There are strands in the DH theories, methods and practices that we have read thus far that you all circled back to in your presentations last week that are evident in Chan’s work:
- Values collaboration that acknowledges the varied inputs to production of knowledge and recognizes multiple types of labor
- Promotes a view of access that takes into account varied ethical concerns and diverse cultural protocols – that doesn’t default to open as the standard
- Deconstruction of assumptions behind normative power structures
- Recognition of multiple standpoints and stakeholders
- Reframes digital projects and platforms through intersectionality of race, class, gender, sexuality
- Emphasizes local articulations of the digital
Chan asks us to start with the underlying assumptions about universalisms, much like Gallon asking us to step back and question how humanity is defined. By doing so we see how these specific universalisms create and limit possibilities around information technologies and more specifically the networks of relations and sociality they inform and produce that grow from and within in them.
What work do universalisms do? That is how do they shape our understanding of networks and more broadly social, political and cultural change? Chan suggests that the way digital futures are imagined, narrated and created—through assumptions about innovation, progress, technologies agency – are limited by these universal attributes and affordances of technology. To disrupt these, she posits an ethnographic methodology that emphasize “vibrant micronarratives and situated stories around IT and innovation culture” (xi) Specifically she wants to chart how these unhinge grand narratives of progress that are the foundation of these universalisms around technology. She examines how information technologies have become a shorthand for “imagining global connection” (xiii) and in doing so seeks to undo the “context-erasing” (5) accounts that have so far been the dominant trend in studies of global networks and information technologies.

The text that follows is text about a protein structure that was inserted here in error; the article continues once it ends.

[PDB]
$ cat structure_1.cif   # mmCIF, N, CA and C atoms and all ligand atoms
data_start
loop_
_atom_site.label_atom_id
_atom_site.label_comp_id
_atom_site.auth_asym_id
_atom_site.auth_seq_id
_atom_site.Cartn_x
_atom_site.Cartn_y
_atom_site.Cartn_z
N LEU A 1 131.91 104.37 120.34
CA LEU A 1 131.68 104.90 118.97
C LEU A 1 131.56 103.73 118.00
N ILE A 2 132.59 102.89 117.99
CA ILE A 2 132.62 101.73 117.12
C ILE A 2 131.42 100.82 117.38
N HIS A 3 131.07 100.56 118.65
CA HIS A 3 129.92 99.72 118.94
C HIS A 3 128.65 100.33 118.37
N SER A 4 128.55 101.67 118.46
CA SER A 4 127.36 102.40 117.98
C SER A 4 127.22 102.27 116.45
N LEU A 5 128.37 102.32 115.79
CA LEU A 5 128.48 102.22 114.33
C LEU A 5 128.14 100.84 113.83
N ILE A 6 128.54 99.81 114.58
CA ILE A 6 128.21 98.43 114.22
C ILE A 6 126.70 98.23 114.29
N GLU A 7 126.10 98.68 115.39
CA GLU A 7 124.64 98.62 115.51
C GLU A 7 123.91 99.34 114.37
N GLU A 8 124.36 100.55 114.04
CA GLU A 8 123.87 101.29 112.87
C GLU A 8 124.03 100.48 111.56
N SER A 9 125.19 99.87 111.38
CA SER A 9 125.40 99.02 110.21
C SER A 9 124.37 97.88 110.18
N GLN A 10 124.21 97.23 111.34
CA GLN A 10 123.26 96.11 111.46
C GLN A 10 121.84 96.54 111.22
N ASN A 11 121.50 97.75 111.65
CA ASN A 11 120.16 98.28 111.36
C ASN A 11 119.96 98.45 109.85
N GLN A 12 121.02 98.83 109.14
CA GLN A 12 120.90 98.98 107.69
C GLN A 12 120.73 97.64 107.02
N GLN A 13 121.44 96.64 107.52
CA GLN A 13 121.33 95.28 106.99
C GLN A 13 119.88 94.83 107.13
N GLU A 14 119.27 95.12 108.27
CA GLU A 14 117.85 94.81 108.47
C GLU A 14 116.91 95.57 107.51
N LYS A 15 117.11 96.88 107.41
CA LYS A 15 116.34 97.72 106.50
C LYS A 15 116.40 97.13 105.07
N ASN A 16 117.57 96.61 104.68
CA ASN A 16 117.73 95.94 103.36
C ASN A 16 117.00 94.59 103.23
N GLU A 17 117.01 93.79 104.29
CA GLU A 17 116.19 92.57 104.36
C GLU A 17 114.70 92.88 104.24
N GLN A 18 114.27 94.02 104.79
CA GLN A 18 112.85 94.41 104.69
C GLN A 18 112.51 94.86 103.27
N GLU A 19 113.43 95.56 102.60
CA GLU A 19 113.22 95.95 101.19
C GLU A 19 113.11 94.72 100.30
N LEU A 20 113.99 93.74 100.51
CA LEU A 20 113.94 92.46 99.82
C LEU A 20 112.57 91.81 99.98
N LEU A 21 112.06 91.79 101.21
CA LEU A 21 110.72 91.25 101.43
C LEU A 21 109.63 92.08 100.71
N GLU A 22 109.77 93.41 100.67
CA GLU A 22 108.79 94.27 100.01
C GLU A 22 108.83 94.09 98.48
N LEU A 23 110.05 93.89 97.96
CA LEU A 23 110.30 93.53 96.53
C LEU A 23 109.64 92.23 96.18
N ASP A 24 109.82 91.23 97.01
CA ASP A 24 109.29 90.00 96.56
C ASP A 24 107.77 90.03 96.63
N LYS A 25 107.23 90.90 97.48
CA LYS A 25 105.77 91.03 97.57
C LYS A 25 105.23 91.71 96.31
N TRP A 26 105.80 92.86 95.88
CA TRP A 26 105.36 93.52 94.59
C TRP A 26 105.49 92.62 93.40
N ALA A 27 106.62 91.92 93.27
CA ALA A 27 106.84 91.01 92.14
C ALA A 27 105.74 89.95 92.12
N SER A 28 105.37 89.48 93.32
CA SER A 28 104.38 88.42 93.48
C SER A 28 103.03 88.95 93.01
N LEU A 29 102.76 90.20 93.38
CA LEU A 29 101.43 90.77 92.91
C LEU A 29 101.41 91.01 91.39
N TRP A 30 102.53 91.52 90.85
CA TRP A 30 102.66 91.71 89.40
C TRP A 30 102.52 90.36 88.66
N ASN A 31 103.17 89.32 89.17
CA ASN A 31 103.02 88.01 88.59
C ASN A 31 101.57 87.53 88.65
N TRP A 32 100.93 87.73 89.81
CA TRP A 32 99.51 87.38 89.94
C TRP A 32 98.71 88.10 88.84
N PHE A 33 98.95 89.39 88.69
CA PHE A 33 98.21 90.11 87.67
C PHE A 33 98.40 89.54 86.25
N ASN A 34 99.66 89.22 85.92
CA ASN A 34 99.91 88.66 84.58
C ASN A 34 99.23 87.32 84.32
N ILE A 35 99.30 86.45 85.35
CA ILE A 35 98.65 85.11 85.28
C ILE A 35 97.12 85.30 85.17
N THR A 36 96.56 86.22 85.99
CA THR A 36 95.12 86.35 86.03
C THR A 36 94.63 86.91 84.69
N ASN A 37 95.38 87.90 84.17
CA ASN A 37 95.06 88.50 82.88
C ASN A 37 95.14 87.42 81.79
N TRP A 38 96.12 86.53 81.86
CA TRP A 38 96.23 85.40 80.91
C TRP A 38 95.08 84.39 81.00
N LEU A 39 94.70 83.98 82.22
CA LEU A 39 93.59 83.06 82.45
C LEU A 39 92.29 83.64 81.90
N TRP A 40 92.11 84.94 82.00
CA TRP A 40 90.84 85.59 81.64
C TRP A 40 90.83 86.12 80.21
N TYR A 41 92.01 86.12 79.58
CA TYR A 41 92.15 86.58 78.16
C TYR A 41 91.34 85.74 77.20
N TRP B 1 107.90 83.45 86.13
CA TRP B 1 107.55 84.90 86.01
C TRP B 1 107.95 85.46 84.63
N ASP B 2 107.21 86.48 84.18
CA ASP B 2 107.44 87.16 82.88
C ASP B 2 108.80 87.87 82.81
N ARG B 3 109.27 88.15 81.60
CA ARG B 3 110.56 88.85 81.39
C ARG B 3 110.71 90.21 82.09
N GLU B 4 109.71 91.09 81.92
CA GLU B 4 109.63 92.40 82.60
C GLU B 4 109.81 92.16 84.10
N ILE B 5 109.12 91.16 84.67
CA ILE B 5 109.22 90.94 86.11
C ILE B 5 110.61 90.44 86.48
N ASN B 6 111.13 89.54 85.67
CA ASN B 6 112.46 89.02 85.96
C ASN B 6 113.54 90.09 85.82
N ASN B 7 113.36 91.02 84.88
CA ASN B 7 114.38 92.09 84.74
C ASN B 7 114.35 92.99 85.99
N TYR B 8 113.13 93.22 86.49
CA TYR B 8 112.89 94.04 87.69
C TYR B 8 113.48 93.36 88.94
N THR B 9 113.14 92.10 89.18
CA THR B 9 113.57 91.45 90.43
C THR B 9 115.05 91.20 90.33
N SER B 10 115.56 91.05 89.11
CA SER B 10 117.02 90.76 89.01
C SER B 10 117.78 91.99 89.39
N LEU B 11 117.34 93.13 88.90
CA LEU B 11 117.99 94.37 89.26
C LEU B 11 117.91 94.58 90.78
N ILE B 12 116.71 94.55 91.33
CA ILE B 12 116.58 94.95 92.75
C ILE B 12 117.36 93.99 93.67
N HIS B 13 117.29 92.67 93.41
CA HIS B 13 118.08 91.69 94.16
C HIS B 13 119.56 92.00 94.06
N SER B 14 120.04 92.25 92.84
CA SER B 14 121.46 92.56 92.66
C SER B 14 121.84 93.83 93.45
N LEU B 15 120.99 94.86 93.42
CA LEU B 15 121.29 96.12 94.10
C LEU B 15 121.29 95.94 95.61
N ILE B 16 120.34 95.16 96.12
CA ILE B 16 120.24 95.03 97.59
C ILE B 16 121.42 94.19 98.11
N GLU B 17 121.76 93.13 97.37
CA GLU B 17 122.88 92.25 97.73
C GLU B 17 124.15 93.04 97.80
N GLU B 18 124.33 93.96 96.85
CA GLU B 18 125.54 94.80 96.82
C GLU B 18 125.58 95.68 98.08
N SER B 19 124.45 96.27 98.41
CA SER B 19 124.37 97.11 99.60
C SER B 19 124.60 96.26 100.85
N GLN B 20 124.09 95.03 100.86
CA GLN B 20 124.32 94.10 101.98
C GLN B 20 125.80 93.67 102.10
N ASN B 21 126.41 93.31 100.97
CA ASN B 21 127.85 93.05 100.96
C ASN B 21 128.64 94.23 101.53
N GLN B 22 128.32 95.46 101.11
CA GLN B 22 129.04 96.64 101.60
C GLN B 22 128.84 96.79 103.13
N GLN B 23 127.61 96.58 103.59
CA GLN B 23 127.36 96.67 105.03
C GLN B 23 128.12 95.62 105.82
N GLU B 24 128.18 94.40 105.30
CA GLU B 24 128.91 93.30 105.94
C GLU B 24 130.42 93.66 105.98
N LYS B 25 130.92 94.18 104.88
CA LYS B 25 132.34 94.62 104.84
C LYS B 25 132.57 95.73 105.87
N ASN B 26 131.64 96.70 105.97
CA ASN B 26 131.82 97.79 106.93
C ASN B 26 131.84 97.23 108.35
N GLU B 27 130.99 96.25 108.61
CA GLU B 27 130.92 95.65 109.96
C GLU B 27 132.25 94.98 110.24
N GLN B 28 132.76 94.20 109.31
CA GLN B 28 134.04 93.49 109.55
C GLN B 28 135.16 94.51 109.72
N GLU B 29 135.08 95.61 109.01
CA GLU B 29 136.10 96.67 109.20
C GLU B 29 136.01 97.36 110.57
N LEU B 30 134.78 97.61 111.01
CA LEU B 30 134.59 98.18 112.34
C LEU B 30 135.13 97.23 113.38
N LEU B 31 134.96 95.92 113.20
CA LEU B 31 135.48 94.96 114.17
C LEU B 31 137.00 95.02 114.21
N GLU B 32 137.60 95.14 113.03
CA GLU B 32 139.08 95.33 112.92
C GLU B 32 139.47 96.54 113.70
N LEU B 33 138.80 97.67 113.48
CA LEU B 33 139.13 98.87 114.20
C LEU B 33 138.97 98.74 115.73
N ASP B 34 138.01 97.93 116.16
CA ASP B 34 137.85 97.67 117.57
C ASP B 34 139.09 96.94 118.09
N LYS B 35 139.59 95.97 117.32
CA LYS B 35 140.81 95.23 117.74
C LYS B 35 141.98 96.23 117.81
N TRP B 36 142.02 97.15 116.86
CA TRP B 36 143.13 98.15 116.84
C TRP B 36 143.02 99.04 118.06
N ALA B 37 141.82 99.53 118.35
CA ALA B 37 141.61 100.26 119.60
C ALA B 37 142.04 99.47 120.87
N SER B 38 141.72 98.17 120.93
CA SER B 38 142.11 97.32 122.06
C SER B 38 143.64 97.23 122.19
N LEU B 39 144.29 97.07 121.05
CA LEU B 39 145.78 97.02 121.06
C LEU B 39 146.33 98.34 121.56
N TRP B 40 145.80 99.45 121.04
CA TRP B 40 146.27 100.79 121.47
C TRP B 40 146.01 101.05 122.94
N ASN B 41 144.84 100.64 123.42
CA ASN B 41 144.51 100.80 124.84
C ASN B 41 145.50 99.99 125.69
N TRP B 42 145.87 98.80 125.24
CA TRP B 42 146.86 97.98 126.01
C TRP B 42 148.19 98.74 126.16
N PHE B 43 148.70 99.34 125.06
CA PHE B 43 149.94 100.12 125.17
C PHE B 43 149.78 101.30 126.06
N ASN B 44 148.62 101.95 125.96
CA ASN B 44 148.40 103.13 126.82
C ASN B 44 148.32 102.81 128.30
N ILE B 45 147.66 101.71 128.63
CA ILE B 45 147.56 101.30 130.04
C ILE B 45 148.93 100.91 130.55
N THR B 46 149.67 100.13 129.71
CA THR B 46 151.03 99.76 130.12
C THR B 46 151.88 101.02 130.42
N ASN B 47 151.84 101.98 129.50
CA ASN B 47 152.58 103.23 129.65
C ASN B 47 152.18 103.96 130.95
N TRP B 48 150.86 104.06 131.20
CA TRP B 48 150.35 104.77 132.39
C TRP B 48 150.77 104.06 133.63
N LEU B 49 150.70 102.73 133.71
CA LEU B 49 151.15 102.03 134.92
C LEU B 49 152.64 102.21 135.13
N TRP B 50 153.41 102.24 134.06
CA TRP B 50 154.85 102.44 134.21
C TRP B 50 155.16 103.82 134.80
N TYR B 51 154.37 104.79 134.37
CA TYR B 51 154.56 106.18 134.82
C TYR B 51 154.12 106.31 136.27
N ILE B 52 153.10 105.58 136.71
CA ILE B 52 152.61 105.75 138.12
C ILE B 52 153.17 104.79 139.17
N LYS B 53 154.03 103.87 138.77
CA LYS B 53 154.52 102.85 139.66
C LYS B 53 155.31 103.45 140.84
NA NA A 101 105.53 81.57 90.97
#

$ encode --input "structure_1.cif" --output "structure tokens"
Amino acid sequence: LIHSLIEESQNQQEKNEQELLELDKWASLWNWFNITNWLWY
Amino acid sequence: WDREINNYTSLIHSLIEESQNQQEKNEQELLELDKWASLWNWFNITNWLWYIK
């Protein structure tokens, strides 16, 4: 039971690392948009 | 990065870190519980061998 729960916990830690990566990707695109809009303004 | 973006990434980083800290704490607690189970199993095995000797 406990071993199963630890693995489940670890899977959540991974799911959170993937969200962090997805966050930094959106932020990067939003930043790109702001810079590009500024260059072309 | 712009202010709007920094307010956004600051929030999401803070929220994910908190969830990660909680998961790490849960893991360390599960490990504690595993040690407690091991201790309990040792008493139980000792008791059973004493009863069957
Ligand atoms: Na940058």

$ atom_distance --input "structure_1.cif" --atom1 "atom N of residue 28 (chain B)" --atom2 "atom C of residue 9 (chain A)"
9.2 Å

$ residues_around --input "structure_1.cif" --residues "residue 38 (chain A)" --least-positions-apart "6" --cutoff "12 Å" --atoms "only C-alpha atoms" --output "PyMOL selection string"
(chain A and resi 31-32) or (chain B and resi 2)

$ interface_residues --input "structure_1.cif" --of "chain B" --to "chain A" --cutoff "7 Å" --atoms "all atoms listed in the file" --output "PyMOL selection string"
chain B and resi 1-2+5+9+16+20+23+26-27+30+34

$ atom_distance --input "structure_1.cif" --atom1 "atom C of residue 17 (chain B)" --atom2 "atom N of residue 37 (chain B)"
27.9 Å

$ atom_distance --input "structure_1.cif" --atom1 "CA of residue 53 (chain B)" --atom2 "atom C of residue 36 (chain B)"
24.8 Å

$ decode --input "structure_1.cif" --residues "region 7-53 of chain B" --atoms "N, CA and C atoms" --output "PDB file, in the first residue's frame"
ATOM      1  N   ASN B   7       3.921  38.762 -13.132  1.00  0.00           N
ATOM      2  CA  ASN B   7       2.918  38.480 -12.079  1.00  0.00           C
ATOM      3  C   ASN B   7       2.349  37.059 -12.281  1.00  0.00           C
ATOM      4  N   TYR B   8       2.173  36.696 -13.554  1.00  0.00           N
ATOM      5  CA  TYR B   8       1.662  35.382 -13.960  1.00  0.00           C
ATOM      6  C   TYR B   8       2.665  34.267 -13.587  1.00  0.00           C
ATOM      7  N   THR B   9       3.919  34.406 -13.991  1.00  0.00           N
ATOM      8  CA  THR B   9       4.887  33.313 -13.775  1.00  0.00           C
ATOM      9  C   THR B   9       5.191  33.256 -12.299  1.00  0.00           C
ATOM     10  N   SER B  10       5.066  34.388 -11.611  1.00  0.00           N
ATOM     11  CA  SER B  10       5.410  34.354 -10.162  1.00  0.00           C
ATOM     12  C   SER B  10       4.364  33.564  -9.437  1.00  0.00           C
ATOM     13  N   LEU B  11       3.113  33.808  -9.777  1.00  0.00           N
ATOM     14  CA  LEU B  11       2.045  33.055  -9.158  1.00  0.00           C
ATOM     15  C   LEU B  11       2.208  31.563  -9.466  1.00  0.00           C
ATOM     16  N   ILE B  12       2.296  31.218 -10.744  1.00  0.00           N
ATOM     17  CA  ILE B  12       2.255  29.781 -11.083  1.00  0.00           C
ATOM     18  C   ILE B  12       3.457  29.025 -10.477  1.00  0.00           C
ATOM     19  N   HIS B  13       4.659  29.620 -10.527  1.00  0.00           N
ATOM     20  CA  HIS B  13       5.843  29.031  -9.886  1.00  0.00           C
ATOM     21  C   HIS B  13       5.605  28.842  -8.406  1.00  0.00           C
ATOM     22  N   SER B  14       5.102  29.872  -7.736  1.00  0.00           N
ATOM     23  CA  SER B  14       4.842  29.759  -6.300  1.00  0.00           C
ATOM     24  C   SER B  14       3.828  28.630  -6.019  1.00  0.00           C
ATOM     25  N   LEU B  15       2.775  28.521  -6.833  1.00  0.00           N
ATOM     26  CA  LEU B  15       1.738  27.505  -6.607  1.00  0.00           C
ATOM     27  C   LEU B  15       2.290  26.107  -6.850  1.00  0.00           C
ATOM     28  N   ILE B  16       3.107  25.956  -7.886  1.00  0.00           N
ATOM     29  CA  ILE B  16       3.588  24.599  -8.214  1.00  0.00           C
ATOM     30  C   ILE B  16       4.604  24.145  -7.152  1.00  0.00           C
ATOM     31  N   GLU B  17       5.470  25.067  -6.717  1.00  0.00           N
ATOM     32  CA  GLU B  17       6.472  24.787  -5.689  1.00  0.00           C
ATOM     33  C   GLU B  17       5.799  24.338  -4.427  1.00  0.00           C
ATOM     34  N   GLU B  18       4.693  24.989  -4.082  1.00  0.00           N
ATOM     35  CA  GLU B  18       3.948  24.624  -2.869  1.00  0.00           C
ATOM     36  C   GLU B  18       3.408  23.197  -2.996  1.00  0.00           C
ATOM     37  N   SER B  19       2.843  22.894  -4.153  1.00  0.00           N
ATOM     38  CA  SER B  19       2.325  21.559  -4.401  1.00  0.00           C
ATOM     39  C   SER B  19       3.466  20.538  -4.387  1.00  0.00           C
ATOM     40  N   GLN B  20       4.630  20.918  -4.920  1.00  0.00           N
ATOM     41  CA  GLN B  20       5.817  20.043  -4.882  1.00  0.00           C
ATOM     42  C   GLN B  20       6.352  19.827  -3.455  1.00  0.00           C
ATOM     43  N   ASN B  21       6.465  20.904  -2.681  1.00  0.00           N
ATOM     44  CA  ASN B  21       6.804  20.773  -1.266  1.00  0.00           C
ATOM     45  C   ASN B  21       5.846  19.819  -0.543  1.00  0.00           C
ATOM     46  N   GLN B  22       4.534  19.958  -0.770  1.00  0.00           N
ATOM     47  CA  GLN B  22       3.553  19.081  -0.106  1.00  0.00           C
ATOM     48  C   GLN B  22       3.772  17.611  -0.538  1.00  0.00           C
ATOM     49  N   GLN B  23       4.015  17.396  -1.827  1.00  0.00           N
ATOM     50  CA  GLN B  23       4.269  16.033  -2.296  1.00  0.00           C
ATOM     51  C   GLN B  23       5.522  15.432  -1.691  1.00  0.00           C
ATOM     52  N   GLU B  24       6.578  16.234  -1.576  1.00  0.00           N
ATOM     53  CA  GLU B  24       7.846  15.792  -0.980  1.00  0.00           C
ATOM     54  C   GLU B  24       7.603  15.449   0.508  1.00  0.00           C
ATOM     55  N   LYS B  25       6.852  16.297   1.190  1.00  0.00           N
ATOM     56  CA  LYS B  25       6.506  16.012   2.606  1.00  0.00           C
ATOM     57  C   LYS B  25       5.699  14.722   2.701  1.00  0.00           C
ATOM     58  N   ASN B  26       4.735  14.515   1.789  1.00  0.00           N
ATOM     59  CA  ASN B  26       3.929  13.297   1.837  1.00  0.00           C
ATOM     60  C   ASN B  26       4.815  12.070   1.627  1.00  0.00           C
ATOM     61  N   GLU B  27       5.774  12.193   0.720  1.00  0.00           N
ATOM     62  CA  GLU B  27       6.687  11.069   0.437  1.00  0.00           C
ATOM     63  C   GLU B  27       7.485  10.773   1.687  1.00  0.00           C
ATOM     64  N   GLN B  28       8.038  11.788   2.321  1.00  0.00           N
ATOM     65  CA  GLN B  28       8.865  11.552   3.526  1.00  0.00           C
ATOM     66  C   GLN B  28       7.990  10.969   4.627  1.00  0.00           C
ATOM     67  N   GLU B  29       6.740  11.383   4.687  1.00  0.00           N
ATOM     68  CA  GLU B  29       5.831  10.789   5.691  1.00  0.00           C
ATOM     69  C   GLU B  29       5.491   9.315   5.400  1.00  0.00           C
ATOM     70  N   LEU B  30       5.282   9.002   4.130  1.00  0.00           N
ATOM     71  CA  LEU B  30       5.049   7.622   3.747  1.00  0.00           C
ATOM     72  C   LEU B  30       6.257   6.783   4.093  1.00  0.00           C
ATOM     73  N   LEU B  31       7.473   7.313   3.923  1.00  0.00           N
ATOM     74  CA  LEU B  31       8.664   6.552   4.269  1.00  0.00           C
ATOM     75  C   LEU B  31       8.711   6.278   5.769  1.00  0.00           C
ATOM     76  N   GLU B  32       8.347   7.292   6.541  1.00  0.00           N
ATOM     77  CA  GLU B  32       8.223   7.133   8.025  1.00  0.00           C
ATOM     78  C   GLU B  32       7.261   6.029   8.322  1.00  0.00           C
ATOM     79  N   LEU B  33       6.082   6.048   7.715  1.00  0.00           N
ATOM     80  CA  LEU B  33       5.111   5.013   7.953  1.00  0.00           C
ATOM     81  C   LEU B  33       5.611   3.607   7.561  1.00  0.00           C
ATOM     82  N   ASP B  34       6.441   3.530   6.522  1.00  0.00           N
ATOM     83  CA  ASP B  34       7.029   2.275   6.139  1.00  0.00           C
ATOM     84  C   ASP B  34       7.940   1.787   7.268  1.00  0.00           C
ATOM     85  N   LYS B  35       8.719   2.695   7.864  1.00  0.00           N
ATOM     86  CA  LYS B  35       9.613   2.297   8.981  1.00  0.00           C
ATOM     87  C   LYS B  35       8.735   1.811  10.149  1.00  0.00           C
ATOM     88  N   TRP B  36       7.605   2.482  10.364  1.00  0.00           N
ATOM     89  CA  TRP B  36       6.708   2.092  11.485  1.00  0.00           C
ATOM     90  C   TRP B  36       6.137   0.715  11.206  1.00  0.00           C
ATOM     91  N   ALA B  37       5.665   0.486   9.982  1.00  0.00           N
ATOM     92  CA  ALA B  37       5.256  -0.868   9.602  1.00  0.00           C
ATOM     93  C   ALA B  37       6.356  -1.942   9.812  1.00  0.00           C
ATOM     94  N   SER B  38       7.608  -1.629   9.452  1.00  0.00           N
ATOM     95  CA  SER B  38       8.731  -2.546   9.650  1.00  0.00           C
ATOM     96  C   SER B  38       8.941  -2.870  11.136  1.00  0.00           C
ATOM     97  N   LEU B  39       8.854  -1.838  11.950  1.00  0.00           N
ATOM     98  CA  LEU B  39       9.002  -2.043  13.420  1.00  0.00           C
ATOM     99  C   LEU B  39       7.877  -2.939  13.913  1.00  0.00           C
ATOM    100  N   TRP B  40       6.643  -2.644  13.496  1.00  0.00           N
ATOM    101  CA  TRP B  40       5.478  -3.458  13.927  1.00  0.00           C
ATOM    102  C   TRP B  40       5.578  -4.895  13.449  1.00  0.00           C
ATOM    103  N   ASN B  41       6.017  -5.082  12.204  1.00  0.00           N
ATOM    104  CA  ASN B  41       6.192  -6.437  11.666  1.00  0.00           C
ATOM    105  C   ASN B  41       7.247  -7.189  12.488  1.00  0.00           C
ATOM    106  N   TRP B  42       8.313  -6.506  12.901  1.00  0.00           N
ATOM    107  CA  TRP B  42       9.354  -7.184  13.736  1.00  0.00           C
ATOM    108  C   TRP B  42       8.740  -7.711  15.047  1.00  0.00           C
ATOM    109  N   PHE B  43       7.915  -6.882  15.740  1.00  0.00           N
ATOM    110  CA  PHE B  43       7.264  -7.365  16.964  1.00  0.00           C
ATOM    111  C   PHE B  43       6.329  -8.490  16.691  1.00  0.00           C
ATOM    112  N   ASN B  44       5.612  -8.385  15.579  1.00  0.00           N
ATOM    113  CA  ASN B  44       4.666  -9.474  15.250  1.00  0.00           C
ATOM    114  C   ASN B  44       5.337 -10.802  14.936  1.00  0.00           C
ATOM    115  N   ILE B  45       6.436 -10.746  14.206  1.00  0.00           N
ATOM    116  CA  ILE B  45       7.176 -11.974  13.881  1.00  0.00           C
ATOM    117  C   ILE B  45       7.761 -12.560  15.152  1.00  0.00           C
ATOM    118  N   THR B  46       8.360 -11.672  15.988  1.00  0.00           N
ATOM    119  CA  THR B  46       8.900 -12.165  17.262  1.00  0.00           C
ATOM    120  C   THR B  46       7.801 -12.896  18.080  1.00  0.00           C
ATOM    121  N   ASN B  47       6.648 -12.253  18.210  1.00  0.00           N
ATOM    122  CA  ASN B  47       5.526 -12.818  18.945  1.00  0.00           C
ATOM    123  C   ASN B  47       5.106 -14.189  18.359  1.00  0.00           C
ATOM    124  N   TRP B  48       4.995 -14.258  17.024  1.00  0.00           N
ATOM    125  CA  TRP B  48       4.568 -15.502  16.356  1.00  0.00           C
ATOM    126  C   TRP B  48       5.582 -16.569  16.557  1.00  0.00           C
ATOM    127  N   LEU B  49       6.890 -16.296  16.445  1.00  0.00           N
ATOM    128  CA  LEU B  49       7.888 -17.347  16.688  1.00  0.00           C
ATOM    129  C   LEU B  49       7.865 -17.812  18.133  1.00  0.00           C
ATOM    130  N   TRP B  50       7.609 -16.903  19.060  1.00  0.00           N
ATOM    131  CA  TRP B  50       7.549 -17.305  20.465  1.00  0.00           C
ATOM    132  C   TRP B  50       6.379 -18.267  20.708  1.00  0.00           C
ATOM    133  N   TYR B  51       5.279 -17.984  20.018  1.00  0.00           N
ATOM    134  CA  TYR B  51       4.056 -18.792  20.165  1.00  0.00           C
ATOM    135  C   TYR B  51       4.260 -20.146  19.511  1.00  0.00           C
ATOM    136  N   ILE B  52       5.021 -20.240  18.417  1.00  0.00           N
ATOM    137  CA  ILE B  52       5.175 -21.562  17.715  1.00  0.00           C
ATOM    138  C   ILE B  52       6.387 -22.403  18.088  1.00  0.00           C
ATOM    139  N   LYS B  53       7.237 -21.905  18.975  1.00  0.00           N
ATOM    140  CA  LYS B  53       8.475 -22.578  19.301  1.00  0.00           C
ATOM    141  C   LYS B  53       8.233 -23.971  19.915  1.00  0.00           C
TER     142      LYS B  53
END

In her introduction, Chan charts the Peruvian state and “peripheries” ambivalent relationship within the context of local histories, regional politics and these global narratives of techno-futurism that provide an unwavering path for ICTs as the promise an “already predictable future” – one where new technologies through global networks act as a universal savior, in this particular local. While the Peruvian state is able to look away from local unrest and their own role in the state of rural Peruvian villages, the universal narrative is able to override their agency and proclaim a neutral view of what counts as a possible future. At the same time, we see multiple sets of “actors” engaged in creating the narrative possibilities of this future and those that are actively working against it. These overlapping networks are where Chan puts her focus to uproot the celebratory nature of these universalisms. As she argues, “If ICT networks have advanced universalizing ambitions it is in part because they enable the building of strategic alliances between urban and rural subjects, the high tech and the traditional, the wealthy and the economically marginalized between the social and the technical and the cultural and natural.” (15) Throughout her chapters we see these alliances as well as the tensions, ambivalence, strategic positioning and pushback from various local communities (artisans, schoolteachers, FLOSS group members, politicians, etc.). Through these we see “the imaginaries and innovations that underpin digital culture and surround networked connections” (19).
Ultimately, she shows that these universalisms are not rooted to a binary localization, instead in the messiness of the local adaptations to IP regimes, software production, and global development plans we see these universalisms start to unravel in local articulations of diverse sets of presents and notions of the future. It is these moments of unrest that she argues open the possibilities for imagining new futures that can undo the stranglehold of these universalisms and the techno-utopianism that accompanies them. But she is clear eyed in her diagnosis, there is no revolution that will undo the power of these universalisms overnight, but the promise of these loosely conjoined, strategic networks that we see the local undoing. She argues that, “It is here, in these newly forged zones, that the presumed givens and consensus of technology’s universalizing future can be begin to be unsettled and slowly, perhaps, give way to something altogether unexpected.” (195).
How do you see the promise of localized networks (people, technology, infrastructure, etc) to uproot these universalisms?
Where do you see the power of these universalisms the most in the constructions of a given digital future?
How do you see Chan’s argument and her methodology intersect with the DH scholars we have encountered this term?